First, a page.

Sunday, July 27, 2014

On the Coffee Table: Shigeru Mizuki

Title: NonNonBa
Writer and Artist: Shigeru Mizuki
via Drawn and Quarterly
Manga artist Shigeru Mizuki is best known for his horror stories, particularly those involving yokai, haunting spirits from Japanese folklore.  He originally learned about yokai from Nonnonba, an older woman he knew while growing up in his home village Sakaiminato on the Japan Sea coast.  The book NonNonBa is a sort of fictionalized memoir of his own childhood.

I think it's fair to say that Mizuki had an unusual upbringing.  His father, the first man in his village to go to university in Tokyo, was a lot more interested in his more romantic pursuits like running a movie theatre than he was in fulfilling the basic expectations of a respectable job.  As such, the family was pretty much always on the brink of ruin.  On the bright side, his father eagerly encouraged his son's creative passions from a young age.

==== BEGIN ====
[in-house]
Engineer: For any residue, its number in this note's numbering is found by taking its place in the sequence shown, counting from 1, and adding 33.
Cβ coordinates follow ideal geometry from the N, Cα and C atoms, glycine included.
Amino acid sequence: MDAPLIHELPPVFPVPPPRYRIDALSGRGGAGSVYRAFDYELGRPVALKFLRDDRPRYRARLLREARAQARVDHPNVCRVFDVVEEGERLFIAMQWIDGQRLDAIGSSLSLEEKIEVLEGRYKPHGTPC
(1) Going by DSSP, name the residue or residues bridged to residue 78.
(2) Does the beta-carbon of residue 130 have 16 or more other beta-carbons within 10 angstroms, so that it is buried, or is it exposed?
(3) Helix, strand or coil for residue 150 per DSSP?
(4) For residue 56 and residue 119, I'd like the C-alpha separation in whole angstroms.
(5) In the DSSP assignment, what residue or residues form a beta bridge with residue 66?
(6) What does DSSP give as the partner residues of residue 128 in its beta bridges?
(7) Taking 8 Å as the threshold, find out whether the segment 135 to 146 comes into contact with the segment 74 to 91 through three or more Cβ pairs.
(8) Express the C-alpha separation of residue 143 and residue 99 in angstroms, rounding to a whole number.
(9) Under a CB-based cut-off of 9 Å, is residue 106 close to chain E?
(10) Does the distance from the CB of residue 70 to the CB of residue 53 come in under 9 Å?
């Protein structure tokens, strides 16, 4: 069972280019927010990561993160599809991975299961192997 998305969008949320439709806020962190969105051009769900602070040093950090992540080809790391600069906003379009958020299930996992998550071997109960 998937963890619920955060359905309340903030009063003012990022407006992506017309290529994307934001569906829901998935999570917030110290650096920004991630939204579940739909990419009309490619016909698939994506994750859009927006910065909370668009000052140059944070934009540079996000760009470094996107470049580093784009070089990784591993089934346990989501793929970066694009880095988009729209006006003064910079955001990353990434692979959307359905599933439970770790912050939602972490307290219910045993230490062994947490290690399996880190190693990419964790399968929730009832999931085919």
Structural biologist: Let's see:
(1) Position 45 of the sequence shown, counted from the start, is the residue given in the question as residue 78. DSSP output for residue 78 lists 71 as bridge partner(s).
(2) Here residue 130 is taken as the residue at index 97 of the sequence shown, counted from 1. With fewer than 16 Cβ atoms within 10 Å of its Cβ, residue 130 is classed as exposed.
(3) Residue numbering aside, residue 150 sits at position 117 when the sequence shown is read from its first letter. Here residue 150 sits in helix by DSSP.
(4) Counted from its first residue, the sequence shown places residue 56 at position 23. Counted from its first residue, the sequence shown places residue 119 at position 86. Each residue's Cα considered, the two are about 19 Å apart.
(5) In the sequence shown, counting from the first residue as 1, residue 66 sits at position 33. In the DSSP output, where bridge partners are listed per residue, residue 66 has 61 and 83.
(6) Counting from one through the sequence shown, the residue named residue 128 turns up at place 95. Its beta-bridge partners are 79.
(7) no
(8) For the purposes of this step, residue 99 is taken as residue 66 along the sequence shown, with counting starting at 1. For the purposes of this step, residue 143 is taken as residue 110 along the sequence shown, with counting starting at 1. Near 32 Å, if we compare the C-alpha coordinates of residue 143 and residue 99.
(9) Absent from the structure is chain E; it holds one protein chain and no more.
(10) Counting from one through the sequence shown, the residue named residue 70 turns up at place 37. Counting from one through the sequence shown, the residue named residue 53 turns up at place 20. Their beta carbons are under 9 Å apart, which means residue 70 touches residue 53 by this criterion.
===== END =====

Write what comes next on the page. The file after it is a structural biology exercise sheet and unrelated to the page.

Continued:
Nonnonba was not the only woman in his life.  In fact, while young Shigeru had memorable adventures with the boys in the neighborhood, the memories of most lasting impact all revolved around girls.  There was little Matsu who died of measles, TB-stricken Chigusa and, perhaps most heartbreaking of all, Miwa who was sold away to a geisha house.

The artwork is beautiful, of course, with caricature images of the people set against more realistic backgrounds, a typical manga device.  It helps to juxtapose the playfulness of childhood with the gravity of life.  I enjoyed the book a lot more than Mizuki's more famous GeGeGe no Kitaro stories.  There's more of his work in my TBR stacks so I'll be discussing him again before too long.


  1. His more recent history of Japan during WWII looks fantastic.

    1. Absolutely. We've got the first two volumes of Showa, though I haven't read them yet.